A Boy, A Scar and an Epic Fantasy

I also fell in love with the Harry Potter series during its infancy. My mom bought the two installations of the book during her London trip with her boss, but I did not pay it no mind. I was a college student interested in Mills & Boon, what was my mom thinking buying this children’s books for us? When I exhausted all the Penny Jordan and Carol Mortimer romances, I finally gave Harry Potter my full attention – almost a year after my mom bought it. And I was hooked. I regretted not reading it sooner. Even while re-reading it now, I am still drawn inside a magical world that no other book can do for me. Sadly, since I’ve read the series nearly a hundred times, watching it on screen is like watching a severely truncated movie. I have never watched a single Harry Potter movie from start to finish. And when the casts inevitability became adults, the last movie became painful because Harry was still a young adult in my head.

I have to admit that JK’s success should be an inspiration for us new writers as we have a high probability of getting rejected, not only by editors and publishers, but also by our target audience. What’s hard is convincing ourselves that self-doubt means poor work and productivity as we are already anticipating world-shattering rejection. So what if we got rejected? So what if we the world did not receive our beloved masterpiece with the same love and affection that we gave to our books? Shouldn’t we all be concerned of (heaven forbid) spending our twilight years regretting for the thousandth time that we did not write our book? Sure we may not be as successful as JK Rowling is, her stars are only hers and hers alone. But our stars already said that we should be writers, and that should give us all the push that we need to pick up a pen and paper (as with my case), or let our fingers dance over the keyboard and see our book through from start to finish.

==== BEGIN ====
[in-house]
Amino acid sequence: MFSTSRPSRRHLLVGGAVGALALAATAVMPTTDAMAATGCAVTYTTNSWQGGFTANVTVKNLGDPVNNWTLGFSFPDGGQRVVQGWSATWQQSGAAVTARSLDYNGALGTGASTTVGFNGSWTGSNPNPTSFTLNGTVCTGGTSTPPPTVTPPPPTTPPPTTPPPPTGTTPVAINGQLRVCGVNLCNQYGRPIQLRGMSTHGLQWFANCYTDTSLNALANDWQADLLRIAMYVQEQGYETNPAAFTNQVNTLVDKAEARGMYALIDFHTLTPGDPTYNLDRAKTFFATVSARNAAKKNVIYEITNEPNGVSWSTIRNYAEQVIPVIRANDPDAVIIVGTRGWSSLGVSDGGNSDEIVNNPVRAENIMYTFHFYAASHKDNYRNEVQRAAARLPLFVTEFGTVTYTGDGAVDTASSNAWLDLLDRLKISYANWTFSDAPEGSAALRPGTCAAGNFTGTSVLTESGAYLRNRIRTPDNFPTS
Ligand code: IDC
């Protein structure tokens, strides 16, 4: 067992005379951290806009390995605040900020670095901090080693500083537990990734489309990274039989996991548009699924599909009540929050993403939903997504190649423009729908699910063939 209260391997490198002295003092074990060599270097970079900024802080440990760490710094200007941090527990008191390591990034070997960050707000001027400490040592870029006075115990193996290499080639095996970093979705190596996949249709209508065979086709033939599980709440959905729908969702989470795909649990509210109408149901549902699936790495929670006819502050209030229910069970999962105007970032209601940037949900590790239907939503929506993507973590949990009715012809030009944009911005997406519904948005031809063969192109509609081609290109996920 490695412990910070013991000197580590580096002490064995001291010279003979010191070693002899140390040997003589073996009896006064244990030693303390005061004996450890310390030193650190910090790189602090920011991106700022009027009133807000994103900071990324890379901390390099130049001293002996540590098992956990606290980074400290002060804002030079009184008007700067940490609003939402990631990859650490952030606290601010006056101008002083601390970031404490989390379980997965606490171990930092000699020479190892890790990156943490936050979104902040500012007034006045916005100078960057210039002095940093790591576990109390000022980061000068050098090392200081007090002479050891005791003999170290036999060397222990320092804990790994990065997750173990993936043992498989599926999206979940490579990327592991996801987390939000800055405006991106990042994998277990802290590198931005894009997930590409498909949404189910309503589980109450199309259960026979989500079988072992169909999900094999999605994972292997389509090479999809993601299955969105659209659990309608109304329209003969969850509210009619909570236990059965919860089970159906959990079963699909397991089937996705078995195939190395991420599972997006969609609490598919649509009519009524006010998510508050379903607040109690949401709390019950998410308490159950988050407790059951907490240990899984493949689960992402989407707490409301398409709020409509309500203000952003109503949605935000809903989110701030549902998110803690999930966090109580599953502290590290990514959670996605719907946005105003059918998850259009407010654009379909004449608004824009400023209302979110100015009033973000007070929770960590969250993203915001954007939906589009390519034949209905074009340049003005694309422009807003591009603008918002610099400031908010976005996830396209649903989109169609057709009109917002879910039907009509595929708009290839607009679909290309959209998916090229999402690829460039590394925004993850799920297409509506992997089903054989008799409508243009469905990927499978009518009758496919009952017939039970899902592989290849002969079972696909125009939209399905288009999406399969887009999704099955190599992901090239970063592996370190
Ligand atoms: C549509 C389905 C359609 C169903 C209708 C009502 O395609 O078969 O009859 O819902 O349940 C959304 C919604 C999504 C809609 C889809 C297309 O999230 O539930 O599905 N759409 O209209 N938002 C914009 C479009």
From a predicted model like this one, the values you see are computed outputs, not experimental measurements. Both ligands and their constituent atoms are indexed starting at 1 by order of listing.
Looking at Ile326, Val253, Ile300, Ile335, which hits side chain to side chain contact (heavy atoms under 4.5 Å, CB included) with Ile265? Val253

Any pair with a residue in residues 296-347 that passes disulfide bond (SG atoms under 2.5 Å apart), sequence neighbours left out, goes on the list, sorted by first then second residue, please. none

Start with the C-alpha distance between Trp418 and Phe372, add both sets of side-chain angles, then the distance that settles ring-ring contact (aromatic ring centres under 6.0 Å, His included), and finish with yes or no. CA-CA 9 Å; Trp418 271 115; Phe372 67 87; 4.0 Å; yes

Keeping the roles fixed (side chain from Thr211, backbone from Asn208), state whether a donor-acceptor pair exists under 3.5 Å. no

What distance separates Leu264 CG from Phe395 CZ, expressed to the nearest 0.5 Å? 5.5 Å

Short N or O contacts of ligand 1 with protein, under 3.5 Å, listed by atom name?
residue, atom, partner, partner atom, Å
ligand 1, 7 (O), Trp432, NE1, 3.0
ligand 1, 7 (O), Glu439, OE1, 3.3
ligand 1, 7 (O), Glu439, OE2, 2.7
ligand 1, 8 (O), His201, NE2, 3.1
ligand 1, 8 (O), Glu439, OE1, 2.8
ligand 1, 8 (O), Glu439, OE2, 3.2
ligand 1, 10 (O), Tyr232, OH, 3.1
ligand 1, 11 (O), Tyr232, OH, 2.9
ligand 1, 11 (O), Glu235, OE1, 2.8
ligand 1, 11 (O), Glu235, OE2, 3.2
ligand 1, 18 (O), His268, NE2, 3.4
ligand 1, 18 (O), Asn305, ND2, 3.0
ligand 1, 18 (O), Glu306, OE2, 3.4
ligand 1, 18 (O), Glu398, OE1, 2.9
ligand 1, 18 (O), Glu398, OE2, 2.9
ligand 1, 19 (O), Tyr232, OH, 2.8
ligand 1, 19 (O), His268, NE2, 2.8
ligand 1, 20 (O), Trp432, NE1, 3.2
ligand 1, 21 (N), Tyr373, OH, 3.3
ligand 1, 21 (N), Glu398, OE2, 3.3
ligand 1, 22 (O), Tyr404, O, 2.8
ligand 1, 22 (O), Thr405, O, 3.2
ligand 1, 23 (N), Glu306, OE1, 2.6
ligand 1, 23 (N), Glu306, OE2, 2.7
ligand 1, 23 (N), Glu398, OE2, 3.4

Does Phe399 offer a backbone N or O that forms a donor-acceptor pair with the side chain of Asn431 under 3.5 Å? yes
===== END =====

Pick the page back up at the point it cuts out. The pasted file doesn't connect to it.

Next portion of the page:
Catching Fireflies

I would be remiss in talking about children’s book authors without mentioning J.K. Rowling and the Harry Potter series. The first Harry Potter book was published when I was barely 30 years old. Still, I was drawn to the description and scooped it up without hesitation. This was long before the hype would begin – the midnight sales with thousands of people dressed as wizards, the movies, the awards. I didn’t know yet that it would be a series of books and that I would pre-order them months in advance and anxiously track the package as it made its way to my doorstep on release day. I didn’t yet know that I would read the first book and fall in love with the idea of writing all over again. I didn’t know that it would rekindle a dream.

Harry Potter and the Sorcerer’s Stone (or Philosopher’s Stone depending on which side…

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